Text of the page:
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Richard Freeman: Ex-Team Sky & British Cycling doctor’s tribunal could be delayed several months

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July 2018: Former British Cycling and Team Sky doctor Freeman – We never crossed the line

The medical tribunal of former chief Team Sky and British Cycling doctor Richard Freeman is at serious risk of being delayed for several months.

Freeman is yet to attend his hearing in Manchester, which was due to begin on Wednesday before a delay until Friday.

The tribunal has resumed in private legal argument, which is set to continue for the rest of the week.

Freeman has been charged with ordering testosterone in May 2011 to give to an unnamed rider to boost performance.

The General Medical Council (GMC) has accused him of lying to conceal his motive but Freeman denies any wrongdoing.

His legal team successfully applied for the 48-hour adjournment on Wednesday and the ongoing delay means the start of the actual Medical Practitioners Tribunal Service (MPTS) hearing has been pushed back by eight days at least.

Sources at the GMC and MPTS say it is now likely the case will not be completed within the four weeks initially allocated and will need to be adjourned and re-listed for later in the year, depending on availability of the panel and lawyers.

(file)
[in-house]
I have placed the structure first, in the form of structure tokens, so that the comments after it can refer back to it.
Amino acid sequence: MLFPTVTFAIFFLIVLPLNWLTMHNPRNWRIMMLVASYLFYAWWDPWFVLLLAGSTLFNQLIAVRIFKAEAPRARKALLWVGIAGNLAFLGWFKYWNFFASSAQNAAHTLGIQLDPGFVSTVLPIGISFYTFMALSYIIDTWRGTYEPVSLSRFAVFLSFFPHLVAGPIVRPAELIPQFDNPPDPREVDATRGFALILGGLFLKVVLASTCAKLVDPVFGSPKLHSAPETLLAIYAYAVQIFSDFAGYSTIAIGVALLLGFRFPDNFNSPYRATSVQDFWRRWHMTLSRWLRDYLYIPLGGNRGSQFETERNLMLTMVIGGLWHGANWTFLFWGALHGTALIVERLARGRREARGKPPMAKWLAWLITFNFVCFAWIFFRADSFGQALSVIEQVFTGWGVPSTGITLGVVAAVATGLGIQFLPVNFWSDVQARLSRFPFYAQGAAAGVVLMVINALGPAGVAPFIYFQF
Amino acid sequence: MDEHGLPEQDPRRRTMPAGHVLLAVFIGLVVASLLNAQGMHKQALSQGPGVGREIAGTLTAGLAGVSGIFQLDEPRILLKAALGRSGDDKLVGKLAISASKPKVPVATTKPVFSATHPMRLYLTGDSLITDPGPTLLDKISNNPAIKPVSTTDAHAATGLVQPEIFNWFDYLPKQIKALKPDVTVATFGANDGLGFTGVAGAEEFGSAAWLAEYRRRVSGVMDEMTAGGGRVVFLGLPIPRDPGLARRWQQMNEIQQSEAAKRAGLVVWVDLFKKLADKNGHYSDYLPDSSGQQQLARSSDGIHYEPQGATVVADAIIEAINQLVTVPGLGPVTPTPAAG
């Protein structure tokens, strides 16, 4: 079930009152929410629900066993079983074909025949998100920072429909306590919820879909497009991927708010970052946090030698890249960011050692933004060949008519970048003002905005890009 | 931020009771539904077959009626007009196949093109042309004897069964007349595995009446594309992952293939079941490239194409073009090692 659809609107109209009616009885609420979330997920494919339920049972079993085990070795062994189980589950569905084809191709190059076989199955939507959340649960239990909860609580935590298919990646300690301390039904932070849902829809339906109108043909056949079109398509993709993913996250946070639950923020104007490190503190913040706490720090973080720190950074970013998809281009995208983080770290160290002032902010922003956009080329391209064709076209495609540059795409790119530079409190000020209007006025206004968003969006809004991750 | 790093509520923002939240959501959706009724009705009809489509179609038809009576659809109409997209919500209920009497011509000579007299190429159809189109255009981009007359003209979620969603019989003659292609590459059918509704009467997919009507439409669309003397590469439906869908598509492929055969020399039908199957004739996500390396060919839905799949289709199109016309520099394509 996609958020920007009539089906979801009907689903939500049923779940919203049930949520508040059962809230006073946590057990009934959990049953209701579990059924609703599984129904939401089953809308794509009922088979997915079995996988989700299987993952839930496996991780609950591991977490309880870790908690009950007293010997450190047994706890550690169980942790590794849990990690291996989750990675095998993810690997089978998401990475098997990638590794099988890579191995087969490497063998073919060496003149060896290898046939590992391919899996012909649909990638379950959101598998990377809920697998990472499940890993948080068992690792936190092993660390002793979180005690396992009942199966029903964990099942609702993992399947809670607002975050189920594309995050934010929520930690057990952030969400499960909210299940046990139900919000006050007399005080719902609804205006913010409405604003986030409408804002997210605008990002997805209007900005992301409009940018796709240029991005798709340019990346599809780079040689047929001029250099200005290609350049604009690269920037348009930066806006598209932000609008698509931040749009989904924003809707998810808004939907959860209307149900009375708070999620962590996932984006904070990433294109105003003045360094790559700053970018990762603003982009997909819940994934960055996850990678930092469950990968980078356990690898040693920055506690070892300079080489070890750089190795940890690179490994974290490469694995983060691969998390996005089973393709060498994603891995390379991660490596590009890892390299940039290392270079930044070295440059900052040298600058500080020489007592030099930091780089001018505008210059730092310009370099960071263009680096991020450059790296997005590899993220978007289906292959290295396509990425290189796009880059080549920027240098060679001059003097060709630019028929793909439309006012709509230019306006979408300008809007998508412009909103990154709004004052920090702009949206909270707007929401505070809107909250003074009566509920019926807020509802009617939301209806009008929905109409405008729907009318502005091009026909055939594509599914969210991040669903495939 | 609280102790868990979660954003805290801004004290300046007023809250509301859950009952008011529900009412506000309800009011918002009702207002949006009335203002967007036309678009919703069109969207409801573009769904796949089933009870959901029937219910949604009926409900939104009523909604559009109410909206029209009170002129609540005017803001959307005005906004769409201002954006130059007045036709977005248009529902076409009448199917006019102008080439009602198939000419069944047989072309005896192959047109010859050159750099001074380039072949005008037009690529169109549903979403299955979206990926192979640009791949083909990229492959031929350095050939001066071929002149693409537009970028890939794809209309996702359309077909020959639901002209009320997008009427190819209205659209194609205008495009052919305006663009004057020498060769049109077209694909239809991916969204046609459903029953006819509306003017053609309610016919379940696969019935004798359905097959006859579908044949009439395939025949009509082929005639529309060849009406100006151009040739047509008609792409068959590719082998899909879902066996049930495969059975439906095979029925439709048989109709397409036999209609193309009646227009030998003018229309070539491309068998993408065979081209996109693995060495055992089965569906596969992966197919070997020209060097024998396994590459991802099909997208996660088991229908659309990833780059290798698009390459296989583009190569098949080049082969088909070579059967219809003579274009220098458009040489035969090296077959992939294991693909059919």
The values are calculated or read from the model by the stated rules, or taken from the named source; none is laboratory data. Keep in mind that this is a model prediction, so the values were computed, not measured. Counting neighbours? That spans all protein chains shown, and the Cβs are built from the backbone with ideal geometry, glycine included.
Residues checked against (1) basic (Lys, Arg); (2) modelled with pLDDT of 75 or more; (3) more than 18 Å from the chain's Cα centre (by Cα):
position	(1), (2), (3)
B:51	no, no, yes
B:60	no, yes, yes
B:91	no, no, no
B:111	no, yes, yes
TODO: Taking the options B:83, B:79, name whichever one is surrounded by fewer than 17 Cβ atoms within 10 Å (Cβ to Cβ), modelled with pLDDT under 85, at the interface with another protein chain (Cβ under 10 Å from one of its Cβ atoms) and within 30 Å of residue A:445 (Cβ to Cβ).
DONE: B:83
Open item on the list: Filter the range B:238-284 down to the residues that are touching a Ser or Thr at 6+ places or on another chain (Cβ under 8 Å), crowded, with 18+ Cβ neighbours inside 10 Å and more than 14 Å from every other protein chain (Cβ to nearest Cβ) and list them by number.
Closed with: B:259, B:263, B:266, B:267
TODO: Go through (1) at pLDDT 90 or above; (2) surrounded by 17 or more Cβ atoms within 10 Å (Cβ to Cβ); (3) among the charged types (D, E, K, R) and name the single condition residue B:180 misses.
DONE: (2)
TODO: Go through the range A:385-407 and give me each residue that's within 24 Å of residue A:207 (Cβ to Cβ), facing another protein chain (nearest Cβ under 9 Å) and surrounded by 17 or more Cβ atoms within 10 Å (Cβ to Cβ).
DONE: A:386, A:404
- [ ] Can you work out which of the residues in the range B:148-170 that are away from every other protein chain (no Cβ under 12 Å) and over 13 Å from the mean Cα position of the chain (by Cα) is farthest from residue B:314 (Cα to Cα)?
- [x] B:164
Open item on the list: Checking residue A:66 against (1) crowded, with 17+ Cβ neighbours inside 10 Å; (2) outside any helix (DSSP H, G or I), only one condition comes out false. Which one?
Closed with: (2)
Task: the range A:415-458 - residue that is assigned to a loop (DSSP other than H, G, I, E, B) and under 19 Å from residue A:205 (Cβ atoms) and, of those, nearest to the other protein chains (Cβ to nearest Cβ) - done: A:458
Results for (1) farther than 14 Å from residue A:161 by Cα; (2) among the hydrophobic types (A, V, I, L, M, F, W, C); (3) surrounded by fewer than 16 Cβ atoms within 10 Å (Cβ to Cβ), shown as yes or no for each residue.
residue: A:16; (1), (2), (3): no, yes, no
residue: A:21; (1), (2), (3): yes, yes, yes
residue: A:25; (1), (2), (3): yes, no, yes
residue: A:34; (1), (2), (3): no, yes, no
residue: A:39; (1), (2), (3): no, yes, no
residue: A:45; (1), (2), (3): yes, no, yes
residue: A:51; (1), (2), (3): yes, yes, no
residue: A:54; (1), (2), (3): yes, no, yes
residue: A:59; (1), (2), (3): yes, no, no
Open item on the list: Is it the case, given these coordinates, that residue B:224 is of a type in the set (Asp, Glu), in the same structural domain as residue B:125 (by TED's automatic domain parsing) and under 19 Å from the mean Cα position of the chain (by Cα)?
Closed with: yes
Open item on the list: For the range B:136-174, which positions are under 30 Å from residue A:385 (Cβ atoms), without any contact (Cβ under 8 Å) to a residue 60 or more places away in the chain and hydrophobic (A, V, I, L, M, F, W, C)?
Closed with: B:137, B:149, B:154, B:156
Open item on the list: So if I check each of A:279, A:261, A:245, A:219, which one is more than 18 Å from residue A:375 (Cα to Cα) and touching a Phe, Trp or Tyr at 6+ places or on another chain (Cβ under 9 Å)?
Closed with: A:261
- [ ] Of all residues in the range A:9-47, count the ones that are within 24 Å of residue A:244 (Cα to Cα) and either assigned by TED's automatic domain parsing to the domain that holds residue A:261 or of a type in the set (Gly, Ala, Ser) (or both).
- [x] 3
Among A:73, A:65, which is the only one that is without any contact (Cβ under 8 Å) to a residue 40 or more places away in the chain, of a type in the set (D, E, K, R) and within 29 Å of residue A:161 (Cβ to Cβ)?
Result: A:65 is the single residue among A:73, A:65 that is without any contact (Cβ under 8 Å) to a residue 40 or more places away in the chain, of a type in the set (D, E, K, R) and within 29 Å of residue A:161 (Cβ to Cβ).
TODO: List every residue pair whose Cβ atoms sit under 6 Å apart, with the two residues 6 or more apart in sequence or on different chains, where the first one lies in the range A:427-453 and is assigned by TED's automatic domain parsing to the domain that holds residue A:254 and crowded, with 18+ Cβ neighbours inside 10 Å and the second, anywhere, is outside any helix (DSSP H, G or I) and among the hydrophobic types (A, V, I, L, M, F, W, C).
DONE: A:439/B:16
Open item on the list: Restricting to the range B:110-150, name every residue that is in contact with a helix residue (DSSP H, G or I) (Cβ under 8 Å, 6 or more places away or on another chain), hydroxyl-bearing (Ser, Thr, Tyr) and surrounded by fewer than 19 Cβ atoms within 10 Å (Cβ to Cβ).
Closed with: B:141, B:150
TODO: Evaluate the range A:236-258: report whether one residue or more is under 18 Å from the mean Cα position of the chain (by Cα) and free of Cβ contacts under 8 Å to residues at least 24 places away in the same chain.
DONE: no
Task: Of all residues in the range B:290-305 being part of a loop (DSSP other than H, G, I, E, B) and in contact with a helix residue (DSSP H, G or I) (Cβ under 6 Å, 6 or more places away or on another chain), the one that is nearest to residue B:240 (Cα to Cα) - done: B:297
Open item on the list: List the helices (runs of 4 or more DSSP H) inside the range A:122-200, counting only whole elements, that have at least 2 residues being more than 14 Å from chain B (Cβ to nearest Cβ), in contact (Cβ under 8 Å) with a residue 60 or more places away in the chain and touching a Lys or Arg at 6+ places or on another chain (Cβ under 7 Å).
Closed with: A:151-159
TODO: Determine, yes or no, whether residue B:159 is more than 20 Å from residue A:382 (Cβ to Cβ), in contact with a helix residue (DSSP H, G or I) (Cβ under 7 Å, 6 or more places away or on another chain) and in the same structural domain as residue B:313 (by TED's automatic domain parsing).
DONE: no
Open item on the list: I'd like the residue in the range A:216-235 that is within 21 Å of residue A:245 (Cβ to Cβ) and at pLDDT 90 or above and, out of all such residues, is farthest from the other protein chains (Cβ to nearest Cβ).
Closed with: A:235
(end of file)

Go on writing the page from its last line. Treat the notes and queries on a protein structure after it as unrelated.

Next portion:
Freeman’s renowned barrister Mary O’Rourke is understood to have various other cases arranged for several months following this one, possibly preventing any resumption until next year.

That delay could affect whether UK Anti-Doping (Ukad) is able launch a new investigation should fresh evidence emerge. Ukad concluded its investigation into British Cycling and Team Sky 15 months ago.

Freeman allegedly ordered the testosterone, which is banned for use by athletes at all times, to Manchester’s National Cycling Centre from Oldham-based medical supplier Fit4Sport Ltd in May 2011.

The statute of limitations for prosecuting anti-doping cases was eight years in 2011. The World Anti-Doping Agency (Wada) extended that until 10 years in 2015 but it is likely the shorter statute of limitations will apply in this case.

Damian Collins MP – chairman of the Digital, Culture, Media and Sport (DCMS) select committee, whose report last year found Team Sky had “crossed an ethical line” with its use of medical exemptions for banned drugs – criticised the delay.

“It is disgraceful that delaying tactics are holding up the work of this important medical tribunal into Dr Richard Freeman’s work for British Cycling and Team Sky,” he said.

Following a GMC investigation, Freeman was charged with contacting Fit4Sport Limited to ask for confirmation the order had been “sent in error, returned and would be destroyed” by the company, despite “knowing that this had not taken place”.